-At least to start, aim to have everything that can be done in the evening done in the evening to minimize morning stress and forgetting items
-If possible, test out the morning routine a couple times as a trial run
-Add some buffer time in the morning if possibleFeeding baby while you’re away
-If you are breastfeeding, try starting to pump here and there a week or two before you go back to work in case it takes a bit for you to catch up to baby’s feedings with pump sessions when you head back to work.
-Check out this calculator, which can help you estimate how much milk to send
-Pumping is a big job! Be kind to yourself as you learn how to fit this into your day. Try to avoid skipping pump times and keep the environment as relaxing as possible to boost oxytocin.
-If formula feeding, make sure you understand day care policies and general recommendations on formula storage.
-Since neither breastmilk nor formula can be re-used after it’s initially heated and/or offered to baby, consider starting with a larger quantity of smaller bottles and work your way up to understand how much baby will take per bottle, whole reducing wasted milk.Resources
-Kelly Mom: https://kellymom.com/bf/pumpingmoms/pumping/milkcalc/ and https://kellymom.com/bf/pumpingmoms/milkstorage/milkstorage/
Navigating relationships and boundaries during the postpartum period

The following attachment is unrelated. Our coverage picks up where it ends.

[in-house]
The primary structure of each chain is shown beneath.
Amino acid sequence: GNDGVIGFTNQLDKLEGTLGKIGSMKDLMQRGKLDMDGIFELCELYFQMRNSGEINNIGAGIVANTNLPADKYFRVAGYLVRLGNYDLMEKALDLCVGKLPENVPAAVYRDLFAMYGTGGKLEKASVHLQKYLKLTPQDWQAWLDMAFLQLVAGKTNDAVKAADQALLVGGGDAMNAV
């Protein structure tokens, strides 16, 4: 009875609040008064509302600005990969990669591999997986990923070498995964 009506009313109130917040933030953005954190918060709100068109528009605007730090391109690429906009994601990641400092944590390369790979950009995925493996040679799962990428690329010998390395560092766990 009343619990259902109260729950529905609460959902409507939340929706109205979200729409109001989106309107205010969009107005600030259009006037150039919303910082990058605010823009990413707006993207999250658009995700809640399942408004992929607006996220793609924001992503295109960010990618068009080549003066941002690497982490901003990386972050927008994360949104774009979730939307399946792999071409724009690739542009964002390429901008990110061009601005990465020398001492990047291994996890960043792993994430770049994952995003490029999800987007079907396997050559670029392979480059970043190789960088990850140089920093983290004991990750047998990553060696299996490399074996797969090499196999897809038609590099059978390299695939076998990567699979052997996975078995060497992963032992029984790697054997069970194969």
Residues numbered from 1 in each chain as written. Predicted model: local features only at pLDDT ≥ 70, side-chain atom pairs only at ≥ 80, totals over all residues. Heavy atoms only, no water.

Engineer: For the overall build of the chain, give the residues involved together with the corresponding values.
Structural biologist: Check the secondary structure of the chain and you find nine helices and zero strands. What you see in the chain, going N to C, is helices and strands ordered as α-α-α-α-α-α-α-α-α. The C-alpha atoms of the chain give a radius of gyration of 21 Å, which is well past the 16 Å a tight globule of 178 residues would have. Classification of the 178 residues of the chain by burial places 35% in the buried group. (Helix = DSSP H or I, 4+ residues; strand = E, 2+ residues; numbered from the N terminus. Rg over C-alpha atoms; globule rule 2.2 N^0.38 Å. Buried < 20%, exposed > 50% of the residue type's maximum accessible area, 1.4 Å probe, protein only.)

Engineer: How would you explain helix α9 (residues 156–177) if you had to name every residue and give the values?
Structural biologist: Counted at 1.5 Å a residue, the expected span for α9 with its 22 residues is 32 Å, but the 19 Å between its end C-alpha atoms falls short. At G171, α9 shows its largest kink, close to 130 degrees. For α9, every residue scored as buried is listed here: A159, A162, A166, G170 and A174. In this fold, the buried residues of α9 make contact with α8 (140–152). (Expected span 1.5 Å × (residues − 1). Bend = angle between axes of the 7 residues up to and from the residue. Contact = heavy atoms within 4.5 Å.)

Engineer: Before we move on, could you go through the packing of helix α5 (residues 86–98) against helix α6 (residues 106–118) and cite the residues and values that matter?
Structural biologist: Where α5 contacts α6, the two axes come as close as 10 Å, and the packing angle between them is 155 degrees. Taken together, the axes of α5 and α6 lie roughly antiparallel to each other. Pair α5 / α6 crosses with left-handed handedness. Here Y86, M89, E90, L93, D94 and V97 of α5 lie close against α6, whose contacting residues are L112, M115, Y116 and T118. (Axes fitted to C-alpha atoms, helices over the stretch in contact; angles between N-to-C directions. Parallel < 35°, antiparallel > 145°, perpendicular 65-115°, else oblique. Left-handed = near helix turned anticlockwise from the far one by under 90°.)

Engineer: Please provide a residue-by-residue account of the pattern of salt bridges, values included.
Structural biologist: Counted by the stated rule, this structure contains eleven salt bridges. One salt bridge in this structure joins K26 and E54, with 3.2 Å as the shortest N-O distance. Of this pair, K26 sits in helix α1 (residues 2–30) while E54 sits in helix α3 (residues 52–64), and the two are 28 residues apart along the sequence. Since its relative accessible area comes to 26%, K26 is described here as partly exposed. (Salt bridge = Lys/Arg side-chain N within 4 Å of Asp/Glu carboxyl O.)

Kirby Paterson, LMSW, PMH-C, CPDBringing a new baby home is an exciting time for all family members. This excitement can sometimes make for difficult situations with well-meaning friends and family. As you settle in to life with a new baby, you can keep the following in mind when it comes to navigating relationships with friends and family:Unfortunately, having a baby likely won’t change pre-existing dynamics. Perhaps you have difficulty saying “no” to a specific family member, or feel like said family member oversteps frequently. It’s important to remember that any pre-existing dynamics will likely not disappear once your baby arrives - in fact, these dynamics are often heightened in the context of a big change, like having a baby.Boundaries has nothing to do with your love for a friend or family member. Sometimes, those boundaries are actually an act of love - a way to continue on a meaningful relationship with someone who, without the presence of boundaries, may be more difficult to maintain a relationship with.Keep in mind that the overall goal in those early days is to bond with your baby and adjust to your new family dynamics. This involves taking time to rest, eat nutritious food, and be with your partner, new baby, and other children if you have them. While prioritizing yourself and your new family may feel counterintuitive to you, making sure you have the time and space you need in this special time will benefit everyone (you, your baby, your partner and your extended family) in the long run!Consider using the “connect first, redirect second” strategy. This involves taking a moment to connect with yourself to ask what is feeling right for you in the moment before redirecting the request. An example of this might be an extended family member asking “can we come visit at 3pm tomorrow?” In this scenario, consider slowing down and taking a moment to think about what that would mean to you. Is 3pm a reasonable time for you? Would it help to set a time limit such as 3pm-4pm so you don’t become overextended? Once you can clarify what feels right for you and your family, you can redirect your request. An example of this would be “We would love to see you tomorrow, 3pm until 4pm works for us!”We understand that navigating relationships during this time can be difficult. A postpartum doula can be someone to bounce ideas off of, and someone to help you fine-tune what feels right for your family during the postpartum period. If you’re interested in learning more about navigating interpersonal boundaries, check out the podcast below!Therapist Uncensored Podcast: TU 81 with special guest Juliane Taylor Shore significantly influenced this post